The Benefits of Yoga and Meditation

The kind of meditation the Trust recommends is silent and breath-based, done while sitting still, focusing attention on the breathing. Yoga is a practice of using the breath, body and attention in a variety of postures and movements to help relieve physical and mental tension by bringing the systems of the body into harmony. It provides perfect preparation for seated meditation.

Yoga and meditation as the Trust recommends them can be practiced by people of any faith, and any physical ability.

People in prison:

  • Have reduced impulsiveness
  • Feel less angry and aggressive
  • Sleep better
  • Are less prone to taking drugs
  • Are more ready to take up other educational activities
  • Develop self discipline and concentration, often for the first time
  • Find something in themselves they like. They feel less isolated and more inclined to socialise, which prepares them well for resettlement

Staff:

  • Manage their stress better
  • Become more tolerant
  • Are sharper on the wings
  • Experience some peace and deep relaxation, leaving them refreshed and prepared for their demanding work

We have a wealth of evidence to support the idea that yoga and meditation in a prison setting is helpful.

We have collaborated with Oxford University on two pieces of research around yoga and meditation in a prison setting. The first showed that a ten-week programme of yoga and meditation in a prison setting will reduce emotional distress and improve impulse control. The second showed that these effects are progressive, and the more the person practices, the stronger the effects will be.

 

Each edition of our newsletters features a collection of such stories, as does our book, Peace Inside: a prisoner’s guide to meditation. Below are some of our favourite quotes from the prison community.

“I feel like a different person. I wish I had known about this when I was on the outside. Now I can honestly say I will never come to prison again.”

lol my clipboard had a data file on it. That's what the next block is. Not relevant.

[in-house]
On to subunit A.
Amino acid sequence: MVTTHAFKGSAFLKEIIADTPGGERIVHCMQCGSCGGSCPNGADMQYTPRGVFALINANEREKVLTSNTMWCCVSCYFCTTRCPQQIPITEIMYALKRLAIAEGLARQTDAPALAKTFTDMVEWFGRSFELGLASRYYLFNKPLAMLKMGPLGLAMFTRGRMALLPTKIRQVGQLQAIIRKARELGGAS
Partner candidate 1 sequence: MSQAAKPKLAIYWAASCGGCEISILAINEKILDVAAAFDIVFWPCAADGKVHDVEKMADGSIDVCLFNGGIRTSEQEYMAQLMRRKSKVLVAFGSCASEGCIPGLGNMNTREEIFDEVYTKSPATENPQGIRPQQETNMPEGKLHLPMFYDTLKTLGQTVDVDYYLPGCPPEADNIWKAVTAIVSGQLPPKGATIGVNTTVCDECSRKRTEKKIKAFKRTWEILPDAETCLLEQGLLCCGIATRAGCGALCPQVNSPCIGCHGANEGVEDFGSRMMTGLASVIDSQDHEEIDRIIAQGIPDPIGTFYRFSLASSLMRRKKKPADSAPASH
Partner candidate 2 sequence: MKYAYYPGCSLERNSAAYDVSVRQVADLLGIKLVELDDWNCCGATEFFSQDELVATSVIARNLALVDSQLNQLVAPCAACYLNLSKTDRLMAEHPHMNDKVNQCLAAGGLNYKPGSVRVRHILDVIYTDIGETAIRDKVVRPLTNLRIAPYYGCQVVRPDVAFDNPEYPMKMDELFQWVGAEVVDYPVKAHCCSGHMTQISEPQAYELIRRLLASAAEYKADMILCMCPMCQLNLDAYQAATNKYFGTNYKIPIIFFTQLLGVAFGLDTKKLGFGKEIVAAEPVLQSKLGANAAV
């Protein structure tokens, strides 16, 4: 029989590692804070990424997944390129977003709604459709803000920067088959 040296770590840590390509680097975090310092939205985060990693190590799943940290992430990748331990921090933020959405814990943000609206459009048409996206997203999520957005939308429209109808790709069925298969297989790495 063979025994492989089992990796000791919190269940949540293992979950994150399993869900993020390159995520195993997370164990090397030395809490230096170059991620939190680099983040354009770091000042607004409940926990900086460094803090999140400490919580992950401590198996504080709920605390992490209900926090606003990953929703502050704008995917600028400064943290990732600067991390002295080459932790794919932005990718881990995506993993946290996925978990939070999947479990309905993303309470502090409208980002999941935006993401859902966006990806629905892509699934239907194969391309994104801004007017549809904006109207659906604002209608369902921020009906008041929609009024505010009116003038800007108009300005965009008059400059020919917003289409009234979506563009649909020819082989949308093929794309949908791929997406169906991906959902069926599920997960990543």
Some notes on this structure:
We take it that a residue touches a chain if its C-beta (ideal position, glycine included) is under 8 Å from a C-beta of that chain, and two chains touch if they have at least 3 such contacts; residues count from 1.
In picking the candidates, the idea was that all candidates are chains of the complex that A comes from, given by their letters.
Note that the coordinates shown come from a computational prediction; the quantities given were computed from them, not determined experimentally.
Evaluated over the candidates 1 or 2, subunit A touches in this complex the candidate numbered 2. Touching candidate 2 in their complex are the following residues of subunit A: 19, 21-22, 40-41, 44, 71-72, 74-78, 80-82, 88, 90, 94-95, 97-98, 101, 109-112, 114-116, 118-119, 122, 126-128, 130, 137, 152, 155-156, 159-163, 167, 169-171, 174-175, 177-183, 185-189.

Robert, HMP Wealstun

“I have always been impressed with the way the PPT are very sensitive to the pressures of the prison environment, and have worked extremely hard to ensure that they work with staff and systems to achieve their ends, successfully avoiding conflict.  The work that the PPT does plays an important part in providing opportunities for prisoners to handle stress and come to terms with their imprisonment.”

Luke Serjeant, Regional Manager, Custodial Services, West Midlands.

“Meditation practice is working for me. It helps me to be calm, relaxed and not get angry and irritated.
It helps me not react to people in a bad way and to take people’s opinion on board.
Recently, when someone went a bit too far, instead of reacting to it I just walked away.”

A prisoner, HMP Wymott

“As Head of Residence at Glen Parva, I have been able to introduce yoga to our Violence Reduction programme. Naturally, we approached the Prison Phoenix Trust, and we now have a regular yoga class every Monday.

This is paying huge dividends, and is contributing to an overall reduction in levels of violence at Glen Parva. Some very challenging young men have been able to use techniques learnt in yoga to control some aspects of their impulsive and violent behaviour.”

Simon Cass, HMYOI/RC Glen Parva

“For the first time I’m looking at the bigger picture. What did I really believe my future held for my family and those around me? I have never questioned my lifestyle before, never said ‘Is this the last time? I won’t be back. This isn’t the life for me.”

Jamie, HMP Parkhurst